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I am reading the textbook algorithms by S. Dasgupta, C.H. Papadimitriou, and U.V. Vazirani

The authors state in page $67$:

The preceding formula implies an $O(n^3)$ algorithm for matrix multiplication: there are $n^2$ entries to be computed, and each takes $O(n)$ time. For quite a while, this was widely believed to be the best running time possible, and it was even proved that in certain models of computation no algorithm could do better. It was therefore a source of great excitement when in $1969$, the German mathematician Volker Strassen announced a significantly more efficient algorithm, based upon divide-and-conquer.

The statement that interests my more in this quotation, is:

it was even proved that in certain models of computation no algorithm could do better.

Could anyone support me with some references where I can find a proof of that kind?

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Strassen, in his paper describing Strassen's algorithm (Gaussian elimination is not optimal) mentions

the result of Klyuyev and Kokovkin-Shcherbak [1] that Gaussian elimination for solving a system of linear equations is optimal if one restricts oneself to operations upon rows and columns as a whole.

The reference is to

  1. Klyuyev, V. V., and N. I. Kokovkin-Shcherbak: On the minimizations of the number of arithmetic operations for the solution of linear algebraic systems of equations. Translation by G. I. Tee: Technical Report CS 24, June 14, 1965, Computer Science Dept., Stanford University.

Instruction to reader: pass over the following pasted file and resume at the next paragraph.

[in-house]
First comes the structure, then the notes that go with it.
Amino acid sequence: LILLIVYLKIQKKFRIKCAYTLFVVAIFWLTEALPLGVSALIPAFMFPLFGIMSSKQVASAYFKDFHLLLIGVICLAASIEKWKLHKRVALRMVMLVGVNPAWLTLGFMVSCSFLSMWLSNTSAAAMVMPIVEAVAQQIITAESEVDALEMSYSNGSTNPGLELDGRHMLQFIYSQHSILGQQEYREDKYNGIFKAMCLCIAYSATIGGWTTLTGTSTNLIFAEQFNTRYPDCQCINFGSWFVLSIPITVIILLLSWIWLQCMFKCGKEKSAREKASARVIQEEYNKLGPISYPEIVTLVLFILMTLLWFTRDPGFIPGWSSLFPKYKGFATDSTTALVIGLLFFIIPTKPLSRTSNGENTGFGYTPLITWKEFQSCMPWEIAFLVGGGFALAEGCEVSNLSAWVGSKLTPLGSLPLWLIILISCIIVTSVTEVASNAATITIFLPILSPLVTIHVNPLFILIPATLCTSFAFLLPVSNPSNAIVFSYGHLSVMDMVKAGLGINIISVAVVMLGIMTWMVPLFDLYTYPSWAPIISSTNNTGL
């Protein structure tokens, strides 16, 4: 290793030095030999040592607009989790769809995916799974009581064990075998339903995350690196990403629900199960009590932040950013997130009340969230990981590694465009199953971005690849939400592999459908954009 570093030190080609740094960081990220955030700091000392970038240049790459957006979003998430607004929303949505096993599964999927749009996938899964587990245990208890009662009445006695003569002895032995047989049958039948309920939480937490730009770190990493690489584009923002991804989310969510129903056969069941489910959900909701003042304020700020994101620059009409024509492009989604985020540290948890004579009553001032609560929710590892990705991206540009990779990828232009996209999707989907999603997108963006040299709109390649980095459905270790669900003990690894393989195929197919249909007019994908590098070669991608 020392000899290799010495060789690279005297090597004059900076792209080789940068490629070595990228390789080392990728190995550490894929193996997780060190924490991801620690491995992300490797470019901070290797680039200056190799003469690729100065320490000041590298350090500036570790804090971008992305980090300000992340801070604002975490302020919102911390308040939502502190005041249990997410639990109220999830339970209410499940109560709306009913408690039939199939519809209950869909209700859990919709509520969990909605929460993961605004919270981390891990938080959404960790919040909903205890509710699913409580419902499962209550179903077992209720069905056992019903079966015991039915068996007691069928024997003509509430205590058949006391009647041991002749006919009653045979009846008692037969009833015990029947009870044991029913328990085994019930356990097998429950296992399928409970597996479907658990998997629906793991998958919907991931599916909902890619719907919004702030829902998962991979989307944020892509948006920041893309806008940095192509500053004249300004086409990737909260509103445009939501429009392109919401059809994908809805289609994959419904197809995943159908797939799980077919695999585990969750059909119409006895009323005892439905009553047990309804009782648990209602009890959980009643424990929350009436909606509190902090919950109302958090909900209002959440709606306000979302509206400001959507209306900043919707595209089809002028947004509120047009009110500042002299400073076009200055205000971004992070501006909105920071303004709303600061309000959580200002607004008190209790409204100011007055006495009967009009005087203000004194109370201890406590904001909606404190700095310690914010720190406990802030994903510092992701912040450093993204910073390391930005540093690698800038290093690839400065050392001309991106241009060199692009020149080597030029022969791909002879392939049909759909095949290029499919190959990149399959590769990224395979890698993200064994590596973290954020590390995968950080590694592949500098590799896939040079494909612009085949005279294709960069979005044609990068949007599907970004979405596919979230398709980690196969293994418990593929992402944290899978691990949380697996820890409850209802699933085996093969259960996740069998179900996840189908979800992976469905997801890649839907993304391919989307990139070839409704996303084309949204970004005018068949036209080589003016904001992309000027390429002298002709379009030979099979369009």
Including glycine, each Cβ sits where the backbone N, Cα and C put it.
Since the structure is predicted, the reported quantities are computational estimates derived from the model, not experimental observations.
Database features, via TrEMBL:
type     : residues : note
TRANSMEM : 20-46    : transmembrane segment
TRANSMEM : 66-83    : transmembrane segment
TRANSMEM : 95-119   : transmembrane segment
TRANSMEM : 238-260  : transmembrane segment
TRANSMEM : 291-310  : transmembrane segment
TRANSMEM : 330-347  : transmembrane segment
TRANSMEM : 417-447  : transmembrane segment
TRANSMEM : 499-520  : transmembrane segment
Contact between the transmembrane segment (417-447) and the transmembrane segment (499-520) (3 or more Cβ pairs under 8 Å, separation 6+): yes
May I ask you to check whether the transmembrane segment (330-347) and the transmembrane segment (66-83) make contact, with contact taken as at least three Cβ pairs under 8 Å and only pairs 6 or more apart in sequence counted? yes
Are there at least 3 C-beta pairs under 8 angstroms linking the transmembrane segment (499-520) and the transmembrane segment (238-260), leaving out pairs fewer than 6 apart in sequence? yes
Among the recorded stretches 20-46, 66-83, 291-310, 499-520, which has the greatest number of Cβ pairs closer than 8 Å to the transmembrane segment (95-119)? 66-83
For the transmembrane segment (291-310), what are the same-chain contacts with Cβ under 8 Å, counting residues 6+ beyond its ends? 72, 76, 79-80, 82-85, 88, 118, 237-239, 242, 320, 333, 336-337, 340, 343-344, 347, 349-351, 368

The paper is available online.

In modern literature this result is virtually unknown, and I am not aware of any other lower bound on matrix multiplication beyond the $\Omega(n^2)$ lower bounds of Bshouty and Shpilka and the $\Omega(n^2\log n)$ lower bound of Raz.

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  • $\begingroup$ I think, it is not bad to mention that latter lower bound is proved for matrices with real/complex numbers (which cannot be truly represented on computers) $\endgroup$ – rus9384 Aug 24 '17 at 1:15
  • $\begingroup$ Right, it's for the algebraic complexity model. $\endgroup$ – Yuval Filmus Aug 24 '17 at 6:38

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